Letícia Ramos: everything seems very impossible

Leticia Ramos

Leticia Ramos is an art-scientist; an archaeologist who moves through the centuries studying inventions and the ways in which they represent the world. From historical events and natural phenomena, she builds symbolic connections between politics, science, and imagination where future and past merge into one. In her precise investigation regarding analogue photography, she uses sculpture, scale models and special effects to create imaginary landscapes, narratives and fabulations that are formalized in photography, film, and installation art.

Her works have been exhibited in spaces such as the Tate Modern, Moreira Salles Institute, Itaú Cultural, Fundación Iberê Camargo, Berardo Collection Museum, CAPC Musée d’art Contemporain (Bordeaux), Pivô Art Center; and can also be found in collections such as Fundación Botín, Itau Cultural, Noveo Musee de Monaco, Museum of Modern Art São Paulo - Rio de Janeiro and Pinacoteca do Estado de São Paulo.

Marta Ramos-Yzquierdo

Ramos-Yzquierdo is an independent curator (although part of ICI New York), with a degree in Art History from the Universidad Complutense and a Masters in Cultural Management from the Instituto Ortega y Gasset. From 2003 to 2015 she lived in Chile and Brazil, where she worked in different institutions and media. Back in Spain, she has been the director of LOOP Barcelona 2017, a resident at the Royal Academy of Spain in Rome (2018-2019) and is currently professor of Curatorial Practices for the master’s degree at the Escuela SUR in Madrid (Carlos III Univ., Círculo Bellas Artes), a position she combines with regular collaborations in El Cultural and the magazine a-desk.org.

Her main line of work —which she has developed in projects and exhibitions in Germany, Argentina, Brazil, Colombia, Spain, Italy, Mexico, and the U. K.— focuses on the analysis of power structures and the possibilities of exerting influence on them through the practice of contemporary art while, at the same time, studying the modes of perception and temporal, socio-political and economic conceptions.


Length: 29m 55s

Para um pesquisador da natureza, não é difícil simular um fenômeno

For a Researcher of Nature, It Is Easy to Simulate Phenomena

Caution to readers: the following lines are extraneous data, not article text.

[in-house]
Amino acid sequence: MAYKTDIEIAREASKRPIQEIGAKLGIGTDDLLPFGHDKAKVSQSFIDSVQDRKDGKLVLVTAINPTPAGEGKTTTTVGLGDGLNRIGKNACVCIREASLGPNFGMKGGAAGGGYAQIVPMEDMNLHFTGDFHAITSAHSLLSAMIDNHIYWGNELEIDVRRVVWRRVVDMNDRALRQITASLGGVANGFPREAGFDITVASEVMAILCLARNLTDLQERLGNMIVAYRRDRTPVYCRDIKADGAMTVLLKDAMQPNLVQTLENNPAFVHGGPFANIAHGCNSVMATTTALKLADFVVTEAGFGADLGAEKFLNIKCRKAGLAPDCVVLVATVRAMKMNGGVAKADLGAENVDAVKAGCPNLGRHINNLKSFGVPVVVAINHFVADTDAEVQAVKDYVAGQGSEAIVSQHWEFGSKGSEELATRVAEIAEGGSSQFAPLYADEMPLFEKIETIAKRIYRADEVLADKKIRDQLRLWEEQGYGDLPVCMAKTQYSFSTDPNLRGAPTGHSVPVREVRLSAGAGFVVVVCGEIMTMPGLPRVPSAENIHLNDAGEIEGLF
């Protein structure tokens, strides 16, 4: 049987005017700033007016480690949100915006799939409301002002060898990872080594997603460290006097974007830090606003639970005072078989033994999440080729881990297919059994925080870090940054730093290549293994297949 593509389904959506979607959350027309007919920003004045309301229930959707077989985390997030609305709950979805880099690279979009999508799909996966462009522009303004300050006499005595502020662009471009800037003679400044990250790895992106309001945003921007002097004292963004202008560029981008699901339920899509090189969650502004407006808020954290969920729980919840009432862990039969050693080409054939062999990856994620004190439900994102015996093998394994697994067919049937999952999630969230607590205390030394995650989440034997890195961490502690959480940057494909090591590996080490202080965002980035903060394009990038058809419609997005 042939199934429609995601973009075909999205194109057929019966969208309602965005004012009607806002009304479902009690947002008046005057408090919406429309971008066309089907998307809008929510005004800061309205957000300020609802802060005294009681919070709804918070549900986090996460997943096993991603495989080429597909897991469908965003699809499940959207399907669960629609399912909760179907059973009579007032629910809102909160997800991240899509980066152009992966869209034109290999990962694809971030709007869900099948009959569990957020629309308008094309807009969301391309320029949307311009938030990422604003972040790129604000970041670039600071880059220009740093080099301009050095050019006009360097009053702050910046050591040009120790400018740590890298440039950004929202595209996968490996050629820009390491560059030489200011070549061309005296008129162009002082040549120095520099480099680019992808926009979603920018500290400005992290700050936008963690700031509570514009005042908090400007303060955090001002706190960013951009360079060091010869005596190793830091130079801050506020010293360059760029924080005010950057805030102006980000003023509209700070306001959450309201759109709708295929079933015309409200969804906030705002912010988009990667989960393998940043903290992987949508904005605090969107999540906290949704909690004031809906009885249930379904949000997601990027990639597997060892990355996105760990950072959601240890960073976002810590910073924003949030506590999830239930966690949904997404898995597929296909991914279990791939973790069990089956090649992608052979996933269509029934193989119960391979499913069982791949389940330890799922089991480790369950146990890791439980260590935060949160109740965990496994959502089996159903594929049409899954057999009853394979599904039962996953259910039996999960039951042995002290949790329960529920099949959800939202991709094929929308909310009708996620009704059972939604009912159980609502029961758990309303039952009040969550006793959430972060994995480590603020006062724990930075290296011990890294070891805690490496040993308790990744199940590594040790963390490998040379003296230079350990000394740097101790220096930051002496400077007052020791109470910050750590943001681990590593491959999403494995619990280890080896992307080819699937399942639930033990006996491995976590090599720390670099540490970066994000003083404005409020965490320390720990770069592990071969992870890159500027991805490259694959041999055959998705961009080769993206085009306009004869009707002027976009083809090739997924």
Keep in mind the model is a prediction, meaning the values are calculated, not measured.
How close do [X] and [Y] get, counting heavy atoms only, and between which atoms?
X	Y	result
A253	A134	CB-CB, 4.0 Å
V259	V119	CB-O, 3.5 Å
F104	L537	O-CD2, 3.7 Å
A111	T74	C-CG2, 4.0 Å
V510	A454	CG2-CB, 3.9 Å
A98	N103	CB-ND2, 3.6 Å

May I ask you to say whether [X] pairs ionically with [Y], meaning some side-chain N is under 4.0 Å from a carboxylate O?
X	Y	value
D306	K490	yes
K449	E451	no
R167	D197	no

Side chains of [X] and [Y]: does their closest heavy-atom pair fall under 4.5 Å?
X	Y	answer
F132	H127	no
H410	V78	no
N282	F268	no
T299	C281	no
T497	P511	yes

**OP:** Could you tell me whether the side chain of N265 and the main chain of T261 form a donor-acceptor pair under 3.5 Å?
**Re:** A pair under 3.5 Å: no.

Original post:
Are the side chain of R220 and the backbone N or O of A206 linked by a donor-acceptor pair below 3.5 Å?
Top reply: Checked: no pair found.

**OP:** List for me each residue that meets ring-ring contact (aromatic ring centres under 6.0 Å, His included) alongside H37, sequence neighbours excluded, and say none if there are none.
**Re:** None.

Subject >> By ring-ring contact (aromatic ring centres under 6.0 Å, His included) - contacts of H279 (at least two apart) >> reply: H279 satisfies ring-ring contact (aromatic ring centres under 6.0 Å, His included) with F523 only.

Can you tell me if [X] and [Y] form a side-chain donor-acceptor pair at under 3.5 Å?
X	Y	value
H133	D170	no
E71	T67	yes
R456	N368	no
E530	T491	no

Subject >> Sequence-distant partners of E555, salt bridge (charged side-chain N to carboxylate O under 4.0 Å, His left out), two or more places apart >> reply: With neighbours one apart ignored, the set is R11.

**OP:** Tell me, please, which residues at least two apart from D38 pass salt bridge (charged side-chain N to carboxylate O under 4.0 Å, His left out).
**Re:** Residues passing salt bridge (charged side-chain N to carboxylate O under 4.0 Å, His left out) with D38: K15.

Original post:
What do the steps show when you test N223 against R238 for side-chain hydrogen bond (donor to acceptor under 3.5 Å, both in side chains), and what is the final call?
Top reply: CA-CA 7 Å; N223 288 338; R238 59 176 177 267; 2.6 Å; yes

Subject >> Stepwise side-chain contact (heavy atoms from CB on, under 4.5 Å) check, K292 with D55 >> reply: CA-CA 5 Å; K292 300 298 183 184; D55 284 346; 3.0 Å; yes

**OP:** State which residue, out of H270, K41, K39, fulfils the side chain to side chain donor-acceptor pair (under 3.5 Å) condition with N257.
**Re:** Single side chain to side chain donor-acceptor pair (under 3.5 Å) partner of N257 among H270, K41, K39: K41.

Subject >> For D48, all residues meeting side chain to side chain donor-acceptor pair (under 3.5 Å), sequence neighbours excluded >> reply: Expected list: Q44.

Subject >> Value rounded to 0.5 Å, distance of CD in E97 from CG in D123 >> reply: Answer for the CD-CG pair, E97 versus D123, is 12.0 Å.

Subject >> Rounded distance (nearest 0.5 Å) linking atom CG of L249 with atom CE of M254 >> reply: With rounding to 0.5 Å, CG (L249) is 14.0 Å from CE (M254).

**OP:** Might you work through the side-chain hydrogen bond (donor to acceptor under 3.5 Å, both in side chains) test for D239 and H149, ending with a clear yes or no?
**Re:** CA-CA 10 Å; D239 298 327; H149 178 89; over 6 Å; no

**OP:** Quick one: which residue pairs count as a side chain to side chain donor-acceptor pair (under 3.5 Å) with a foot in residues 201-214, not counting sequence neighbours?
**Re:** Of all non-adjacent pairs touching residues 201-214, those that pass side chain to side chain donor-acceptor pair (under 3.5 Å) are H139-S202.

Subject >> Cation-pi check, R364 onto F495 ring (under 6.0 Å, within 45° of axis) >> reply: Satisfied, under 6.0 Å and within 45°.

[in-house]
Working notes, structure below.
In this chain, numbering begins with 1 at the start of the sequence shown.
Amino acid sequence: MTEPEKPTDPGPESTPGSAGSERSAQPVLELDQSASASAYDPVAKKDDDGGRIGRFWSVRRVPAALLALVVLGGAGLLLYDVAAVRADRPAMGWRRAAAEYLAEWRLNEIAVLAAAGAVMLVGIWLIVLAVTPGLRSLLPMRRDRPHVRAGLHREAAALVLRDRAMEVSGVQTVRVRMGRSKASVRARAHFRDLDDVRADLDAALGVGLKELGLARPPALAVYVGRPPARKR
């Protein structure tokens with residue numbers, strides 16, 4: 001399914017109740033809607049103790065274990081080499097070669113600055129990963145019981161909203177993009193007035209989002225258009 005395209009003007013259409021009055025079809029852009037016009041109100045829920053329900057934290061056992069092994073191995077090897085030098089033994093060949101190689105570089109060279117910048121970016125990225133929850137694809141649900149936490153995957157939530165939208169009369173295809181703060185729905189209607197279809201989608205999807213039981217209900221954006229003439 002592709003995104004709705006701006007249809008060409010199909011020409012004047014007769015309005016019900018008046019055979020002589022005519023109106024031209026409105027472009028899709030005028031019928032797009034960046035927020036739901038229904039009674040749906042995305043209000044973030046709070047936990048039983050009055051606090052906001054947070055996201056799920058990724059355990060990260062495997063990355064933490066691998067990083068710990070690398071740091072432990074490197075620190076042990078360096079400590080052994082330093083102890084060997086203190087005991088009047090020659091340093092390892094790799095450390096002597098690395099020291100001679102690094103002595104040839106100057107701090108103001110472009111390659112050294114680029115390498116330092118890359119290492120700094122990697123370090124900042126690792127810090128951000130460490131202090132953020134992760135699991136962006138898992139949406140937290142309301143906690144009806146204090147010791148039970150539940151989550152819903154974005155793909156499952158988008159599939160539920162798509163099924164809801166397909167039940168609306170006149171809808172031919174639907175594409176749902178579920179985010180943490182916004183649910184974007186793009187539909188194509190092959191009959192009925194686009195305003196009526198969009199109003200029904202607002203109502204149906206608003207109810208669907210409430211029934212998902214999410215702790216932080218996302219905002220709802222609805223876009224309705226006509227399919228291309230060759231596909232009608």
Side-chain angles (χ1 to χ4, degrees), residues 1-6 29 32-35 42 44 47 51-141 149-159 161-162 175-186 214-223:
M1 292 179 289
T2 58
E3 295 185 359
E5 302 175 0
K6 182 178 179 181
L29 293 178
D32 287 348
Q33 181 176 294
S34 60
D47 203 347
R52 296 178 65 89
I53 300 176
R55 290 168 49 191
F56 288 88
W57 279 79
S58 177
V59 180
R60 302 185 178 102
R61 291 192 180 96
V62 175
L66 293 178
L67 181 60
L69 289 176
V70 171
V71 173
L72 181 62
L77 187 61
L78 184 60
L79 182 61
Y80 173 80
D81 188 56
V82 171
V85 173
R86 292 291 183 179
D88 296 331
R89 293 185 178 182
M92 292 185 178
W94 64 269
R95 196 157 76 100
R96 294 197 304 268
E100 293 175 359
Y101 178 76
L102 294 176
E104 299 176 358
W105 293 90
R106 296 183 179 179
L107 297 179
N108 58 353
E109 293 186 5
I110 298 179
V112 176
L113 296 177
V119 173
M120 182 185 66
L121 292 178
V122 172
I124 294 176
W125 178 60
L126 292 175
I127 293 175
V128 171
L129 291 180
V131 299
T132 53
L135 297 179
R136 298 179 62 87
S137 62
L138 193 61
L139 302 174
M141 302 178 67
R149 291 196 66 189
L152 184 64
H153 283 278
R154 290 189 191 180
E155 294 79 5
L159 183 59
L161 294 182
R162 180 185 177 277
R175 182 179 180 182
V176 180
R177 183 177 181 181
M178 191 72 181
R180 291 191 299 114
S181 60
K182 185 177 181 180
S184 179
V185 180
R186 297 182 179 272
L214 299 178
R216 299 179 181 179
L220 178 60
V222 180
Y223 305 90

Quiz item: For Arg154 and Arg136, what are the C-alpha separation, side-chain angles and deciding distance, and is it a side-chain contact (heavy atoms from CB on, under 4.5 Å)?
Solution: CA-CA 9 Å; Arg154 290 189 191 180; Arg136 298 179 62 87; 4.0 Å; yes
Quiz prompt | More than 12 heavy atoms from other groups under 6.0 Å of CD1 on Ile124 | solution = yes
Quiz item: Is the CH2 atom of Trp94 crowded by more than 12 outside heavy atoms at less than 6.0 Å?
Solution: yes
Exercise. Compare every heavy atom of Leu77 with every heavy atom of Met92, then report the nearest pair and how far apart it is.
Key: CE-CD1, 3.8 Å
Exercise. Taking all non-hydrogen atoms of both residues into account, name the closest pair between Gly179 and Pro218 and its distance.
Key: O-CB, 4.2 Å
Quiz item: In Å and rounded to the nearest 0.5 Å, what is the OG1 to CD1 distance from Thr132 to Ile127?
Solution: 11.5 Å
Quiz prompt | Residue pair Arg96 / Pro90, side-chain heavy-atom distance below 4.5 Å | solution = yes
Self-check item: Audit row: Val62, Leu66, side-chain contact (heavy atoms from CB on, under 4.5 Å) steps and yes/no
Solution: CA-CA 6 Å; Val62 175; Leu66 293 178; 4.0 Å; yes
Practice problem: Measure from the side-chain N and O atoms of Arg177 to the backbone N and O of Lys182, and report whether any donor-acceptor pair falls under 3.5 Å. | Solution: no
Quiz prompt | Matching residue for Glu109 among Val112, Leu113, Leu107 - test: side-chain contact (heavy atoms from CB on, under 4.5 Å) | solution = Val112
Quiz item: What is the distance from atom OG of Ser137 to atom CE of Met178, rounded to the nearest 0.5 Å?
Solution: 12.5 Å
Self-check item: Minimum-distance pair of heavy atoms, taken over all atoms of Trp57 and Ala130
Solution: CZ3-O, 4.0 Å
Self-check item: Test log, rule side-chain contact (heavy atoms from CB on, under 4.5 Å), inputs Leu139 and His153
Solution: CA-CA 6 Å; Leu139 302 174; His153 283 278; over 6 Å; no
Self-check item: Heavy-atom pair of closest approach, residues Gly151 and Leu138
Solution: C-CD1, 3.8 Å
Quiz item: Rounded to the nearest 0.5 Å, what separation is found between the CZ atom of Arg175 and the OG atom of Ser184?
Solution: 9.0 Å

Letícia Ramos

  • 2018
  • 07:41
  • Brazil

This cinematic experiment recreates the formula found in Immanuel Kant's book, Writings on the Lisbon Earthquake, in which he describes the chemical process for simulating an earthquake: "It is not difficult for an investigator of Nature to simulate these phenomena. Let us take twenty-five pounds of iron filings, and another twenty pounds of sulphur, and mix them with ordinary water. We then bury the mixture a foot or a foot and a half deep and tamp the earth over it. After a few hours, thick smoke will appear, the earth will tremble, and flames will burst out from the ground".

Spanish Premiere

ERBF-Câmera Instantâneo Sequencial (1,2,3,4)

ERBF-Sequential Snapshot Camera (1,2,3,4)

Letícia Ramos

  • 2007
  • 04:26
  • Brazil

Using a 35mm cinematographic pinhole camera with 24 perforations —built by the artist— the project ERBF captures unusual panoramic images of the city of São Paulo, having as main target the cell phone towers. This process results in 5 one minute films portraying the “city of towers.”

Spanish Premiere

A Noite Azul

The Blue Night

Letícia Ramos

  • 2017
  • 05:31
  • Brazil

Around 1827, Hercule Florence wrote “Viagem Fluvial do Tietê ao Amazonas“ in his logbook, describing a region of abrupt rock formations near São Geronimo Mountain. During a hazardous trip climbing up and down waterfalls, Hercule took a moment to observe and draw the amazing landscape. It was probably the most magical moment in his journey. The film The Blue Night reconstructs the movement of stars, clouds, and shadows behind those emblematic Chapada Diamantina stones. Influenced by “tableaux transparent“ and stereo pictures, the film recreates an imaginary night lost in time and space.

Spanish Premiere



Letícia Ramos

  • 2016
  • 07:37
  • Brazil

The film tells the story of a human colony on an unknown planet where an old cereal silo was built. Natural phenomena and changes in the weather cause the silo to break, and a strange plantation grows. The film won the Joaquim Nabuco Foundation "Videoart Award". The artist developed mockups and manipulated microscopic file images to complete the project in an open studio in PIVÔ - Art and Research in São Paulo, Brazil.

Spanish Premiere

Futuro do Preterito

Future of the Past

Letícia Ramos

  • 2012
  • 04:40
  • Brazil

The film loop Future of the Past is part of Leticia Ramos’ Black Desert project, in which she continues her research into the creation of analogue fictions that are totally scientific in appearance. This operation, in which the unreal becomes plausible, allows the artist to question the construction of history and our relationship with perception and memory. By exploring a landscape that is evocatively otherworldly and, at the same time, very limited in its potential to harbour human life (volcanic territories, icy plateaus, etc.), Ramos —in the manner of a marvellous adventure— brings us closer not so much to the unknown, but to how we face it.

Spanish Premiere